Author(s): Akalin HE
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Abstract Postoperative infections account for a large proportion of hospital-acquired infections, are associated with a high morbidity and mortality, and place a large burden upon the inpatient healthcare budget. Prophylaxis is desirable and is based on a combination of preoperative preparation, surgical techniques, perioperative antibiotic prophylaxis and postoperative wound care. There is considerable evidence that antibiotics are used excessively and inappropriately in the prevention and treatment of hospital-acquired infections, including surgical-site infections. In the case of the latter, timing of prophylaxis is crucial to success yet antibiotics are often administered at the wrong time or for too long a period, with implications for the cost of patient care. Several studies have shown that the local implementation of practice guidelines can yield significant improvements in antibiotic use and the cost of surgical prophylaxis. More rational use of antibiotics is likely to benefit the treatment of future surgical patients by reducing the pressure to select for antibiotic-resistant bacterial pathogens.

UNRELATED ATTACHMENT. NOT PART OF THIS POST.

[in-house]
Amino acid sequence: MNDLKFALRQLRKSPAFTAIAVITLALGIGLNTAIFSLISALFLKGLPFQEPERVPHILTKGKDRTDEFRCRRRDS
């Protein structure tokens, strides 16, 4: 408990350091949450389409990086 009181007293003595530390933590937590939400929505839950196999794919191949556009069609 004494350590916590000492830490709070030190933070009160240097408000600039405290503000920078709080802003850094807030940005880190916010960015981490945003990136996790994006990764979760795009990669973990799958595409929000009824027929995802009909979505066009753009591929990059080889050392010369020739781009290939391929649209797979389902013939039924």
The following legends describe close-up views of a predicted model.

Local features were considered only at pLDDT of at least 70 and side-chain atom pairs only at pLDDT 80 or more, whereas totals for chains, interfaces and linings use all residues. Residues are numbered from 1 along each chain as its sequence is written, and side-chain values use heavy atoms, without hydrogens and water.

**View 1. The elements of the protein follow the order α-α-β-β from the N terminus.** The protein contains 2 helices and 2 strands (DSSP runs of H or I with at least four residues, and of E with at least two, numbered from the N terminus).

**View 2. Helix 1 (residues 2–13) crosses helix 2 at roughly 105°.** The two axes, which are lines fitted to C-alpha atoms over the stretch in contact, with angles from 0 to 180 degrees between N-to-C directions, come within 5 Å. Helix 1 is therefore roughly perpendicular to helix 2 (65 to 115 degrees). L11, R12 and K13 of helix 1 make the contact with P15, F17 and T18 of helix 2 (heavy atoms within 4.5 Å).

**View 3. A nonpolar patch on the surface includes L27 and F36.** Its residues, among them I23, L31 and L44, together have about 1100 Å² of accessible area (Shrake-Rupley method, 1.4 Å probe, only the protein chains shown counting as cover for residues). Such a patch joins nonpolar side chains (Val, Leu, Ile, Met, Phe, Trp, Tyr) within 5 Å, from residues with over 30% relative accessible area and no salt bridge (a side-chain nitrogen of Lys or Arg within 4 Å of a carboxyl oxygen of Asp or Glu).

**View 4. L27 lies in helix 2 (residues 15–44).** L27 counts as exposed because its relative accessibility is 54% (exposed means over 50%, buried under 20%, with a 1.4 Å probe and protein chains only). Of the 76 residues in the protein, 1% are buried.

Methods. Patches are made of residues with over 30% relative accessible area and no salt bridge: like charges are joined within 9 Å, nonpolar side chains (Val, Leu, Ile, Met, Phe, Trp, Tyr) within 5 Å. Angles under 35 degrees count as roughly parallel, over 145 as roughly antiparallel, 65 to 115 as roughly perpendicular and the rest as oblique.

This article was published in J Hosp Infect
and referenced in Journal of Anesthesia & Clinical Research